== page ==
Congress bans microbeads
[The Observer is excited to kick off the new year with a new columnist. Jennifer Hartzell is a member of the Bay Village Green Team. Her column, "The Green Report," will highlight simple ways to help readers lead a more "green" lifestyle. Jennifer has a background in grant writing for local Cleveland non-profit organizations. She grew up in Evanston, Illinois, and met her husband at Miami University. They reside in Bay Village with their three children, two cats and a dog.]
The Great Lakes, as well as all other waterways, will soon have one less pollutant! On Dec. 28, President Barack Obama signed into law a bill sponsored by Sen. Rob Portman and co-sponsored by Sen. Sherrod Brown that will prohibit microbeads in personal care products. Microbeads are tiny plastic beads that are in hundreds of different personal products, from face scrubs and skin exfoliants to toothpaste. These beads are washed down the drain after they are used, and water treatment plants are unable to filter them out due to their tiny size. They then make it into the lake, or ocean, and fish mistake them for food. Microbeads are a huge polluter of water worldwide.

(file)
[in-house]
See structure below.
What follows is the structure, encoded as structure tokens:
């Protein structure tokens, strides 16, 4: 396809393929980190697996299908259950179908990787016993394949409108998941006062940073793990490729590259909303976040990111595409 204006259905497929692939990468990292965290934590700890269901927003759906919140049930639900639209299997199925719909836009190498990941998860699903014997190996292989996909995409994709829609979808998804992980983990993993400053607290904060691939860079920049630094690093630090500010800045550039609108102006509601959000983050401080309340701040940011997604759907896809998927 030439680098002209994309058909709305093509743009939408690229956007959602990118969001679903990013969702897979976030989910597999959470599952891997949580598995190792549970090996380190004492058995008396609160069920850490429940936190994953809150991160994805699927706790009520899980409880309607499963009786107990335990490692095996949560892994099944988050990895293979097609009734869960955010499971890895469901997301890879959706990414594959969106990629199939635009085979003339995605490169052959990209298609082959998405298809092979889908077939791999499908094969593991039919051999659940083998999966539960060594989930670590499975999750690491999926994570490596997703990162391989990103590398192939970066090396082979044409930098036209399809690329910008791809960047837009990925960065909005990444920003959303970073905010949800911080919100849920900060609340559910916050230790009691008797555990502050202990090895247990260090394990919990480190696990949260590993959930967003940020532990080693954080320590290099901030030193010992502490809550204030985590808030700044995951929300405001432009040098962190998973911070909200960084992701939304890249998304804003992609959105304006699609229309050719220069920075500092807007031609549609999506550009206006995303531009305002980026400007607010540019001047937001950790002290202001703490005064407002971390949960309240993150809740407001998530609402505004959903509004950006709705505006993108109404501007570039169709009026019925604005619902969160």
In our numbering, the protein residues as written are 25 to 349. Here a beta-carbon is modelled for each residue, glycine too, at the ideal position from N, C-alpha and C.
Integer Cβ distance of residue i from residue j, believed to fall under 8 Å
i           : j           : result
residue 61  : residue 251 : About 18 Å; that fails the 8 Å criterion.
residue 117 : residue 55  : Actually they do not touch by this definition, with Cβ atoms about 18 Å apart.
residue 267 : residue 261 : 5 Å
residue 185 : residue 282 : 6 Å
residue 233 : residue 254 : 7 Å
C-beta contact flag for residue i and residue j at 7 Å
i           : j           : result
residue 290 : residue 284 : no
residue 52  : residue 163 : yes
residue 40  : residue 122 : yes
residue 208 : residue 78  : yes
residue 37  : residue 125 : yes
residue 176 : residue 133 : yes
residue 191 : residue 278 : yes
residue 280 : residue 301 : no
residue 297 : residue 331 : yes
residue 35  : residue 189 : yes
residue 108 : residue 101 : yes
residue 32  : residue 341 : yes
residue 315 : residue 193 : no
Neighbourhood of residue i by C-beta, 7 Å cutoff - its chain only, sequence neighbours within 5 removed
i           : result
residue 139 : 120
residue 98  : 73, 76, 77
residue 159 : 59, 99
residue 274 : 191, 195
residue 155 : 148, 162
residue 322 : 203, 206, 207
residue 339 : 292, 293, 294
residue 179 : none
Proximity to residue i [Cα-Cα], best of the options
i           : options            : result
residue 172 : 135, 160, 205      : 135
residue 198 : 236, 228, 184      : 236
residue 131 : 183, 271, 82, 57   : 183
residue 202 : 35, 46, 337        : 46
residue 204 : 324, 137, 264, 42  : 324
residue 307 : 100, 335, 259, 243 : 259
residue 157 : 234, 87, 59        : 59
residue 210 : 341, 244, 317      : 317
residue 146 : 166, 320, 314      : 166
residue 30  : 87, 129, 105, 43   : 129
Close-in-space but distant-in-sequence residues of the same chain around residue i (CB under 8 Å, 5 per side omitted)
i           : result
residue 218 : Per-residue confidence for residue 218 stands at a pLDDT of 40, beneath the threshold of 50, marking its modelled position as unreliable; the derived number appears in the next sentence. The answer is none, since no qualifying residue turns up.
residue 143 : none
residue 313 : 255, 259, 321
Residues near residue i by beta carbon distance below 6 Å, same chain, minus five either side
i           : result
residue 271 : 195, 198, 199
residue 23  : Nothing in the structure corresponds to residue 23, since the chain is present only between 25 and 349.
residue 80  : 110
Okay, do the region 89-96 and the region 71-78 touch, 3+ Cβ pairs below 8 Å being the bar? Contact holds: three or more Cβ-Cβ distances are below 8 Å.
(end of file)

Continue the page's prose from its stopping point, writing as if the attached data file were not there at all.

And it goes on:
Microbeads are made of plastic, and they absorb toxins like a sponge. Fish then mistake them for food, and eat them. It is feared that the toxins can then be easily passed on to humans and wildlife that eat the fish. Furthermore, microbeads found in some toothpastes can become lodged between the teeth and the gum, causing a range of dental problems. Because of all of these detrimental effects to both the environment and human health, many companies have already begun to phase out microbeads.
It is expected that the ban will go into effect in July 2017. In the meantime, you can help by not purchasing products with microbeads in them and tossing out the products containing microbeads that you may have at home. If you are unsure if your products contain microbeads, look in the ingredients list for “polyethylene.” Some products say “contains microbeads” directly on them. Others are trickier, and the only way you can tell is by looking at the ingredients.
There is also a website, BeatTheMicrobead.org that offers a full listing of products with microbeads. Many people have not yet heard of this issue, and I hope that you all will take a look around your home to ensure you are not using these products! Please do not wash these products down the sink in order to recycle the package. While recycling is important, it is more important that the microbeads stay out of the lake, so please simply toss any products you might have into the trash.